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9 th May 2006 Data Quality and Ensuring Usability …of routinely collected PC data Presented to Integrating Clinical and Genetic Datasets: Nirvana or Pandora’s.

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Presentation on theme: "9 th May 2006 Data Quality and Ensuring Usability …of routinely collected PC data Presented to Integrating Clinical and Genetic Datasets: Nirvana or Pandora’s."— Presentation transcript:

1 9 th May 2006 Data Quality and Ensuring Usability …of routinely collected PC data Presented to Integrating Clinical and Genetic Datasets: Nirvana or Pandora’s Box Presented by Simon de Lusignan

2 About me GP in Guildford 11,500 patient practice 6.5 Whole time equivalent GPs Computerised since 1988 Senior Lecturer, St. Georges Primary Care Informatics (PCI) research group  Using routinely collected data for quality improvement + research  Electronic libraries  Computer in the consultation  Telemonitoring Chair PCI WG of EFMI Developing a BSc in BMI

3 Overview Introduction Benefits from linking clinical + genetic data Growing volumes of accessible primary care data… …increasingly used for quality improvement + research Objective Is it possible to define the features of a routinely collected dataset which can be integrated to genetic data Method Literature review + 10 years of experiential learning working with data Features of “quality” data: 1. What is data quality? 2. Unique identifiers + denominators 3. What need to be defined about data processing + storage Discussion

4 Introduction “GIVEN” Benefits from linking clinical and genetic data Routinely collected clinical data is used increasingly for: 1. Quality improvement 2. Clinical Audit 3. Health Service Planning 4. Research References: 1. de Lusignan S, van Weel C. The use of routinely collected computer data for research in primary care: opportunities and challenges. Fam Pract Apr;23(2): : de Lusignan S, Hague N, van Vlymen J, Kumarapeli P. Routinely collected general practice data are complex but with systematic processing can be used for quality improvement and research. Accepted for publication: Informatics in primary care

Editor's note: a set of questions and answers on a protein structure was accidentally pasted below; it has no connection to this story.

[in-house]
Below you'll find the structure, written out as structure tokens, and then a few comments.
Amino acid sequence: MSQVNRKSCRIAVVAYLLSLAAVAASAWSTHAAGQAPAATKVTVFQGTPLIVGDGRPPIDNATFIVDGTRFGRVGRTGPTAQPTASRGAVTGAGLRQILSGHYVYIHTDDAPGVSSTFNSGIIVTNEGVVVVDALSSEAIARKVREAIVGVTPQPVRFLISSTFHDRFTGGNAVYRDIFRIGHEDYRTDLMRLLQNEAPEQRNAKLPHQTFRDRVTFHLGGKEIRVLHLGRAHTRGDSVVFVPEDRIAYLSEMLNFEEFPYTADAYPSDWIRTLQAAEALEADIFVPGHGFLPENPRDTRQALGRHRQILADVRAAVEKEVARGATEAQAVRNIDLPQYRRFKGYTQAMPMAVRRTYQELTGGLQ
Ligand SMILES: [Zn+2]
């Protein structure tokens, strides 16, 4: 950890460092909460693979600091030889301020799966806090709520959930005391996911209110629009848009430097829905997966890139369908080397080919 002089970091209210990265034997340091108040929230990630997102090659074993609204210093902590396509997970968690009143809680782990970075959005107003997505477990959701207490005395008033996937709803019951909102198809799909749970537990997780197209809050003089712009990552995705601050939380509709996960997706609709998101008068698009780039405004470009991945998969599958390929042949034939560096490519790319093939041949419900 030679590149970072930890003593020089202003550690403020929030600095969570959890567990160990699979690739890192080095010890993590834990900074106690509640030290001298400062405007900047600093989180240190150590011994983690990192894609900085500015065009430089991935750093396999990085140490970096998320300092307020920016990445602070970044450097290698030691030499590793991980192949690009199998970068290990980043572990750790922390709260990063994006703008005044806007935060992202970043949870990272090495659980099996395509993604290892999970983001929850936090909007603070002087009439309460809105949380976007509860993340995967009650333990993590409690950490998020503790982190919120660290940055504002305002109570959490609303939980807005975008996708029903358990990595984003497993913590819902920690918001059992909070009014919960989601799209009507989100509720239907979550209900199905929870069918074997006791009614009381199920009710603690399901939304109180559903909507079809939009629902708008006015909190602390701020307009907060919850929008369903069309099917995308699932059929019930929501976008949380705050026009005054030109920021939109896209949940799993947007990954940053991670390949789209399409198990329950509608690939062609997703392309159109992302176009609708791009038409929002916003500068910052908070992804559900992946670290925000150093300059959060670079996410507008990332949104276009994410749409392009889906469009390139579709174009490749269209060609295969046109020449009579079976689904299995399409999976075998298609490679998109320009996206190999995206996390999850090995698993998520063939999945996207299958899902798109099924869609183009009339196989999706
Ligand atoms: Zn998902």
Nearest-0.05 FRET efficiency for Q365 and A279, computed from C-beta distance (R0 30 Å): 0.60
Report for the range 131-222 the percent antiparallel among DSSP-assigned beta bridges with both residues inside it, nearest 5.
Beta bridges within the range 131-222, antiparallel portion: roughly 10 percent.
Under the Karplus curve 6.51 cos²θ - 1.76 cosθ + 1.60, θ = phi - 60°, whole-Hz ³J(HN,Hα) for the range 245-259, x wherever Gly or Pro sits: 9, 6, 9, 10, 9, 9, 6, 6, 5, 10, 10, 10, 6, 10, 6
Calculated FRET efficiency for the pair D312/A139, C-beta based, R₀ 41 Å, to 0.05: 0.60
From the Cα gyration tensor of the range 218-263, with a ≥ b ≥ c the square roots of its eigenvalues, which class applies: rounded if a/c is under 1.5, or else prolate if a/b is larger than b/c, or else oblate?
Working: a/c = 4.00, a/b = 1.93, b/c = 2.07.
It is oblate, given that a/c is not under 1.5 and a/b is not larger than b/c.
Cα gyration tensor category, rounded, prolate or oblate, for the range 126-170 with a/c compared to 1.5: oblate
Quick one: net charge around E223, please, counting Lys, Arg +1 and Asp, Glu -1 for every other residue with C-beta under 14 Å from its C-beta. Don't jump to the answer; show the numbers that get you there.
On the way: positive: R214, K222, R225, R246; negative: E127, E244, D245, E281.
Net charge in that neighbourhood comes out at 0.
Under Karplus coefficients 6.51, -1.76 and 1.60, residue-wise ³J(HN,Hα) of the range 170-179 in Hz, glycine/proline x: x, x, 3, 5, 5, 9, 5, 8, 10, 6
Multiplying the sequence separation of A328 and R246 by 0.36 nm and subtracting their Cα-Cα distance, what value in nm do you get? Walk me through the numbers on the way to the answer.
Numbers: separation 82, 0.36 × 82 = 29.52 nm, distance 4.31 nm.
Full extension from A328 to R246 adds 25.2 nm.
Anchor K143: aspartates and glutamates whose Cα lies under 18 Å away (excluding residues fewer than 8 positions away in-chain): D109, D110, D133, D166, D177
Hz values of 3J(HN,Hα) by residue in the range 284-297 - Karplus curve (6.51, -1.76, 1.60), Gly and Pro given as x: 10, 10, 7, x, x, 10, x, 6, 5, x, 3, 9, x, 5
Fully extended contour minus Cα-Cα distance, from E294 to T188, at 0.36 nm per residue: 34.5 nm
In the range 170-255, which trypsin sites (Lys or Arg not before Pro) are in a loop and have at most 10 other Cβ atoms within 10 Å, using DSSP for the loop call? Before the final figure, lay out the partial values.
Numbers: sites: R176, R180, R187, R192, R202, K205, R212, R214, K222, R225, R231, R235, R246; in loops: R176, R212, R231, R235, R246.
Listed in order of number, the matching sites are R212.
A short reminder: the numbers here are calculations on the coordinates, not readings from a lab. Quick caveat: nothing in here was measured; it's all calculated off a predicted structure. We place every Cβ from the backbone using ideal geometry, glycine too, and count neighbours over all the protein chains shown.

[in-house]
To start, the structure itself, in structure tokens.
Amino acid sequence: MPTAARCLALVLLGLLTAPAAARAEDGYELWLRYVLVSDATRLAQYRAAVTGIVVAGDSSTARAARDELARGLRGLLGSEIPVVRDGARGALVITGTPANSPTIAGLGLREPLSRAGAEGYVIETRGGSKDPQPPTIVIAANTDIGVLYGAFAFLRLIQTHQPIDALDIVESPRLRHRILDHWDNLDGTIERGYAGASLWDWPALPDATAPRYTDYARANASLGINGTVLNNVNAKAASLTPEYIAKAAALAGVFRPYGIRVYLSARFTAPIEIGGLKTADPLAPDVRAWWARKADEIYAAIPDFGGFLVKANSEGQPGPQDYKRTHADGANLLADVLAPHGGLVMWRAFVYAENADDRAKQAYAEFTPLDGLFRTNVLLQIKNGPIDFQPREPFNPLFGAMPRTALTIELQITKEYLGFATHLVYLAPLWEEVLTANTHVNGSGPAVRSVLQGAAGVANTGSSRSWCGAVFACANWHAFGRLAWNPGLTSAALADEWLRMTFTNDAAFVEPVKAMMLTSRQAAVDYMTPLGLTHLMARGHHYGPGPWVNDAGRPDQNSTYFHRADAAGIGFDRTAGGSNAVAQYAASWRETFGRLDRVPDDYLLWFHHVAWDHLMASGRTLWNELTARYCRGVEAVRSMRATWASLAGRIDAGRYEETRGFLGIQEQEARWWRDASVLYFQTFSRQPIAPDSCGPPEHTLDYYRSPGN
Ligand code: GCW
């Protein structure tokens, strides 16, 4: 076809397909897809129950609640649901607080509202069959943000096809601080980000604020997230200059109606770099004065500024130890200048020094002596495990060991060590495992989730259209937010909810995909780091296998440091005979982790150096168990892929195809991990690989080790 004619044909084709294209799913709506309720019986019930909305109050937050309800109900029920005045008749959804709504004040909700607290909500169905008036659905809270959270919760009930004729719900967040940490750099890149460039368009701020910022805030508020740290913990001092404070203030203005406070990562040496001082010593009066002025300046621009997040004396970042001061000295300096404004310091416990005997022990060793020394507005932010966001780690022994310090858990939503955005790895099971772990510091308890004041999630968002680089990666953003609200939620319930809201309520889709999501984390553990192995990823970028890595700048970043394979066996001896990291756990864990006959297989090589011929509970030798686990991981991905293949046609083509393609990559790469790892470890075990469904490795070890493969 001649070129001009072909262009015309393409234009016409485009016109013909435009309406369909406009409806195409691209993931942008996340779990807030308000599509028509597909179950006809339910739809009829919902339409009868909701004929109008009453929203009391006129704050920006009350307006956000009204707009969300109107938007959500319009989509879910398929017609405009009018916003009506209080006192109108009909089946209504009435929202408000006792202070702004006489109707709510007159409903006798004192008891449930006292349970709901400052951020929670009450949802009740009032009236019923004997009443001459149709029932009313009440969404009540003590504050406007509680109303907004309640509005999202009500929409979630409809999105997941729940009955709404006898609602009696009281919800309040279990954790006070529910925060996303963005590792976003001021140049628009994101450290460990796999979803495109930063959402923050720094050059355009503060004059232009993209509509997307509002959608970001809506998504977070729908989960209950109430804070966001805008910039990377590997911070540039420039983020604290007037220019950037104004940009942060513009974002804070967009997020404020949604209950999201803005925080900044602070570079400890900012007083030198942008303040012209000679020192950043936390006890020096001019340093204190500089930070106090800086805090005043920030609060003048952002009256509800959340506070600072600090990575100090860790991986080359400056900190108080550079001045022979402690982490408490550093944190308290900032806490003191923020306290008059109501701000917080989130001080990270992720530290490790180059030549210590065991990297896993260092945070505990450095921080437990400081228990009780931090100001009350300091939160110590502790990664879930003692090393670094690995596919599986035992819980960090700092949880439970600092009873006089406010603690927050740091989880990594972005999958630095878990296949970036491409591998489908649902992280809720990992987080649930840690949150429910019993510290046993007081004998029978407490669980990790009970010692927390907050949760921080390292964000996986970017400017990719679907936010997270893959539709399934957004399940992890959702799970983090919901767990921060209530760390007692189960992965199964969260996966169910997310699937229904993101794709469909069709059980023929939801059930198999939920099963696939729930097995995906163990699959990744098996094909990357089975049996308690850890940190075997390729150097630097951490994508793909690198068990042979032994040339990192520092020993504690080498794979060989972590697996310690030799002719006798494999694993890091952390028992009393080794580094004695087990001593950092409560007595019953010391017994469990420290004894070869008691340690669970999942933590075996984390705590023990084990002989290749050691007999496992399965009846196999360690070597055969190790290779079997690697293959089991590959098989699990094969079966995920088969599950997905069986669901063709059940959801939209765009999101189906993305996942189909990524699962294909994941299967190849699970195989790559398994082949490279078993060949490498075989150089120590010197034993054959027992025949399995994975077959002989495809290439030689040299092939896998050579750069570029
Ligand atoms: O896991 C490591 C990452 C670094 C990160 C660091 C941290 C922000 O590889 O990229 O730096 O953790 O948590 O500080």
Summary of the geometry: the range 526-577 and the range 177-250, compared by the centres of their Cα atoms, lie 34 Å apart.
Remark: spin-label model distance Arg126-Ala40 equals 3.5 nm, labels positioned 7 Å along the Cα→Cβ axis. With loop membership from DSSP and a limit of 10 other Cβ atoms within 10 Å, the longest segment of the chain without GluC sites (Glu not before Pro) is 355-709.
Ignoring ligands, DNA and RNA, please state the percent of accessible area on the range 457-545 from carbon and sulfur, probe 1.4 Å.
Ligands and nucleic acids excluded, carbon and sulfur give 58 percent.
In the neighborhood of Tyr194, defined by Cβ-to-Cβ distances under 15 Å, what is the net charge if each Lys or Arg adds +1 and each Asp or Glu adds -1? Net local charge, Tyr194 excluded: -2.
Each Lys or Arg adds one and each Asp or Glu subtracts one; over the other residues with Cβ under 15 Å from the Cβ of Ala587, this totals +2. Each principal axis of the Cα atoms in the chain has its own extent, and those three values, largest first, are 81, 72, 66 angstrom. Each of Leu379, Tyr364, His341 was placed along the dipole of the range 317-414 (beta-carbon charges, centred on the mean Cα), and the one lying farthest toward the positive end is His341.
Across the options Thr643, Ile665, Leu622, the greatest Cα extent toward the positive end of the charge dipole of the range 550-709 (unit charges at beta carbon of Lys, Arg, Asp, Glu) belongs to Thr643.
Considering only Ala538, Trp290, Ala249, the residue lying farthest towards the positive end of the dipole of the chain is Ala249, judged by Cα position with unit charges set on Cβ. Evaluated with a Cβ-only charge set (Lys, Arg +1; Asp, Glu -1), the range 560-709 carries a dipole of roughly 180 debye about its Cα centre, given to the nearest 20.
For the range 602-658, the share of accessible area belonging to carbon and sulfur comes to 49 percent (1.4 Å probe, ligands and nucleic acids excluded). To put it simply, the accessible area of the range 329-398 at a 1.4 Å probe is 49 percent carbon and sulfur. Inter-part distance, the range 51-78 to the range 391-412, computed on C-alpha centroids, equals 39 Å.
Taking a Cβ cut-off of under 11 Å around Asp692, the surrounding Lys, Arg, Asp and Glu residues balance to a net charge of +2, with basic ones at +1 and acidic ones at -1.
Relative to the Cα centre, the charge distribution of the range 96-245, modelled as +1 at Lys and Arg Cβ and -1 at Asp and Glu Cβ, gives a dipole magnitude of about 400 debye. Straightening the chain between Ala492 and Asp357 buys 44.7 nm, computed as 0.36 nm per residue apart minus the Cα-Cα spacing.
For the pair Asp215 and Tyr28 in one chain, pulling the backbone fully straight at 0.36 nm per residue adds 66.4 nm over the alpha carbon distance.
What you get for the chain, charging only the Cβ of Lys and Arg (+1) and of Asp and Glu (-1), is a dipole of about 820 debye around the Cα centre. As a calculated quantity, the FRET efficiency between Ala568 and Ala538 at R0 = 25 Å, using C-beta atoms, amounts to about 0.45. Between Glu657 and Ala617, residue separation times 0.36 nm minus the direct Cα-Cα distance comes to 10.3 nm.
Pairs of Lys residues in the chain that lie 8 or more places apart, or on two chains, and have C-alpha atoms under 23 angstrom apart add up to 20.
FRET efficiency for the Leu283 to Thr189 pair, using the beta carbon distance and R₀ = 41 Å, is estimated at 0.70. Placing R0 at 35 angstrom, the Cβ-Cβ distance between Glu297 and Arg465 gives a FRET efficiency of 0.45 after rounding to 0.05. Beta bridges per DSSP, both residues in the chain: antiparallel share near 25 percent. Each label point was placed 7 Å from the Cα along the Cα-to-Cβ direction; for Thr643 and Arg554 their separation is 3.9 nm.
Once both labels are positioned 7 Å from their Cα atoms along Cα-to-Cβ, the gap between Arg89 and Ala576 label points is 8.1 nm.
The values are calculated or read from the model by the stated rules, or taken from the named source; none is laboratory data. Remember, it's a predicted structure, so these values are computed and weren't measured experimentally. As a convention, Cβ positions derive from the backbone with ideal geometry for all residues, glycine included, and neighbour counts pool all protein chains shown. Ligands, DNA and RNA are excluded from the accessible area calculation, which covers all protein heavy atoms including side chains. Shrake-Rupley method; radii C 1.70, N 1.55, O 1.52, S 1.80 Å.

5 Objective To define the features of clinical data which make them fit for integration with genetic data

6 Features of “quality” data Defining Data Quality Unique identitifiers Defined process of data extraction + storage

7 Defining data quality Evolving definitions: Completeness + accuracy (Pringle et al. BJGP 1995) Currency (Williams, Methods 2003) Sensitivity + positive predictive value (Thiru et al., BMJ 2003) Data Quality Probe (Brown + Warmington IPC 2003) “Fit for purpose” (PCI WG EFMI, 2005)

8 Unique IDs Linkage of data Interoperability of systems Follow-up / traceability of individuals Population denominator + ghosts…. England + Wales - NHS number Scotland - CHI number Our system “MIQUEST” unique ID for one practice + compound with study number + unique ID for practice Convert to non-case sensitive ASCII format